Given the potential of being overwhelmed by an open-hearted engagement with this profound challenge, I find it helpful not to become too absorbed in my particular ethno-racial-religious embodiment - to remember that white Afrikaner, DRC Christians are, tragically, the rule rather than the exception (De Gruchy 2006):

As a result of centuries of crusades and wars, pogroms, the Holocaust, racism and oppression, justified by Christians as the will of God and pursued under the banner of the cross, Christians have crucified Jesus afresh. (p. 134)

However, this kind of universalisation by someone from a white DRC background can easily become another layer of avoiding particular historical responsibility in post-1994 South Africa. This pitfall of zooming out too soon and too easily brings me back to the unsettling specificity of Black Christ and, especially, the spear-wielding centurion.9


Resisting Black Christ

Verwoerd centurion and the dynamics of family betrayal

The most obvious explanation for my unwelcome inner resistance to Black Christ is on display in a very different picture of the centurion-with-a-spear: me as a 6-month-old baby on the lap of a smiling Oupa Hendrik, being fed by him with a milk bottle.10 But being a 'blood relative' is an insufficient explanation as suggested by that milk bottle. This milk can be seen as a rather explicit symbol of Jansen's (2009) often unconscious 'knowledge in the blood' transmitted via my genealogical, cultural and religious 'families'. I must face the likelihood that what I metaphorically received 'with my Oupa's milk' - including my father's unbreakable loyalty to his father - probably soaked more fully into the marrow of my bones than I would like to acknowledge.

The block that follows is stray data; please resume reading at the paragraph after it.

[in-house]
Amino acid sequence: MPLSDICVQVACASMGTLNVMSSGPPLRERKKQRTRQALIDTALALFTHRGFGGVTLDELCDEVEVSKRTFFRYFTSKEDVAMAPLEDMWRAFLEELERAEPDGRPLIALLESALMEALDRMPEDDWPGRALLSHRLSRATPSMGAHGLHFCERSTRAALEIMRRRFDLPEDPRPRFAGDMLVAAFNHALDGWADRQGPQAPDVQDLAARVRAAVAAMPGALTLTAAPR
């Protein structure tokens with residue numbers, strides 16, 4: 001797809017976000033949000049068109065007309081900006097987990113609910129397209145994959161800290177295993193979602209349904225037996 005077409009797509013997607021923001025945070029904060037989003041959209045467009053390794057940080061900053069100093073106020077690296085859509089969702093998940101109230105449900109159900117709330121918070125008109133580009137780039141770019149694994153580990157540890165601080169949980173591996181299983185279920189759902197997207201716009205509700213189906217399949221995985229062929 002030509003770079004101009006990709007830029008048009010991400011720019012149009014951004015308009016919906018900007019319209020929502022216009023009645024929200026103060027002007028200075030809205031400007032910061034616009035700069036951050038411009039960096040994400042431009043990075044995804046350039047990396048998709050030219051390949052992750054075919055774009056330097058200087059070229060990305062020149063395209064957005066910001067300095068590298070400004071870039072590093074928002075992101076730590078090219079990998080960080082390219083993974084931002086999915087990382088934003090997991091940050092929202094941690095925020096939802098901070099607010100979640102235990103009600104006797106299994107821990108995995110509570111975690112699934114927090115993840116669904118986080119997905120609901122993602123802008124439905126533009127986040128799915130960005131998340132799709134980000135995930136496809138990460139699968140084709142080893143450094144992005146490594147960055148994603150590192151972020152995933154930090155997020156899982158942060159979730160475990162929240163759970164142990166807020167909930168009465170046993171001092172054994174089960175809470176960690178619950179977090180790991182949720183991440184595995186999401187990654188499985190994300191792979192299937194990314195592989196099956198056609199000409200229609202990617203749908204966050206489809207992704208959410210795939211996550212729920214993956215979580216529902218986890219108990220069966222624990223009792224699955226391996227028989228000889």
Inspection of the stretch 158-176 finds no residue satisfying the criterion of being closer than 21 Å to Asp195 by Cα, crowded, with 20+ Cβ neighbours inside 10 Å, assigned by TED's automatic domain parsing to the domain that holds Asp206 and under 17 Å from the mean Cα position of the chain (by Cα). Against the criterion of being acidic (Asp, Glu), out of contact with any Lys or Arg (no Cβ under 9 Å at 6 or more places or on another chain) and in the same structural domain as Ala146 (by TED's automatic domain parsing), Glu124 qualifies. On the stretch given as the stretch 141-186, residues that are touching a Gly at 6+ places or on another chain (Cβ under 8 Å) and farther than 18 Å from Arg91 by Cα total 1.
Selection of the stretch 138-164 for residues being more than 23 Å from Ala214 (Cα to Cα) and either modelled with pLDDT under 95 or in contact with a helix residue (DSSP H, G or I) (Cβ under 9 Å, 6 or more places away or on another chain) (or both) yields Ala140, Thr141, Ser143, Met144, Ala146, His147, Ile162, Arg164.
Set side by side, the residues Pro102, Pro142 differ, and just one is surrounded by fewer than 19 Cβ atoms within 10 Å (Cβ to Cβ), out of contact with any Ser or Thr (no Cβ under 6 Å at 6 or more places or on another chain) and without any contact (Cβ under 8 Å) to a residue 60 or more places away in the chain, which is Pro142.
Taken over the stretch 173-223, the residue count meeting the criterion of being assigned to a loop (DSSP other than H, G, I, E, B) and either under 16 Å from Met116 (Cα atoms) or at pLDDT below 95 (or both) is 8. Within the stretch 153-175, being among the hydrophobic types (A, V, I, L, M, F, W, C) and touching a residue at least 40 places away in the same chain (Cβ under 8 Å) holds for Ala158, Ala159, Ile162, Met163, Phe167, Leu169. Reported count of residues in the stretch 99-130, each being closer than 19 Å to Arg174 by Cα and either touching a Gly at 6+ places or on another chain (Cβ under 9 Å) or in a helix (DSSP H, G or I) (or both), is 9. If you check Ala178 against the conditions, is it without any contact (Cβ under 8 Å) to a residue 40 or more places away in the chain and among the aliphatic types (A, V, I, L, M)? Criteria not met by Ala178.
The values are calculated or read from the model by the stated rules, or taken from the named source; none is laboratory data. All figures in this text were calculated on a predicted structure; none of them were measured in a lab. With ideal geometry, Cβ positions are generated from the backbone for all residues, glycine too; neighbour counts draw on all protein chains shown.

In my facilitation work with younger white South Africans, I regularly encounter a similar dynamic of intergenerational loyalty. As a white Afrikaans-speaking theology student succinctly put it during a recent workshop on reconciliation: 'I am tired of talking about apartheid. I am tired to hear that my dad was bad'.

My international peace work has taught me, however, that a more edgy, deeper kind of blood tie is also behind my problematic inner resistance to Harrison's depiction of Verwoerd. A close look at the oupa-with-a-milk-bottle family picture will not show visible scarring on Verwoerd's face, even though a few years before this picture was taken, on 09 April 1960, he was shot twice in the face, at point blank range by David Pratt. His full recovery was a medical rarity and unsurprisingly was interpreted by religious family, friends and followers as a 'miracle from God'. Two years after the milk bottle photo was taken, on 06 September 1966, Prime Minister Verwoerd was assassinated by Dimitri Tsafendas in Parliament (Dousemetzis 2018).

Amongst his many supporters, his death was sanctified - 'he sacrificed his life for our volk'. This inherited, inner circle meaning given to the spilled lifeblood of a beloved leader became an invisible, 'sacred bond' between Verwoerd and his followers (Verwoerd 2019b). It is this bond that probably is the main source of my persistent reluctance to name the political blood on his hands. For this naming feels like a betrayal.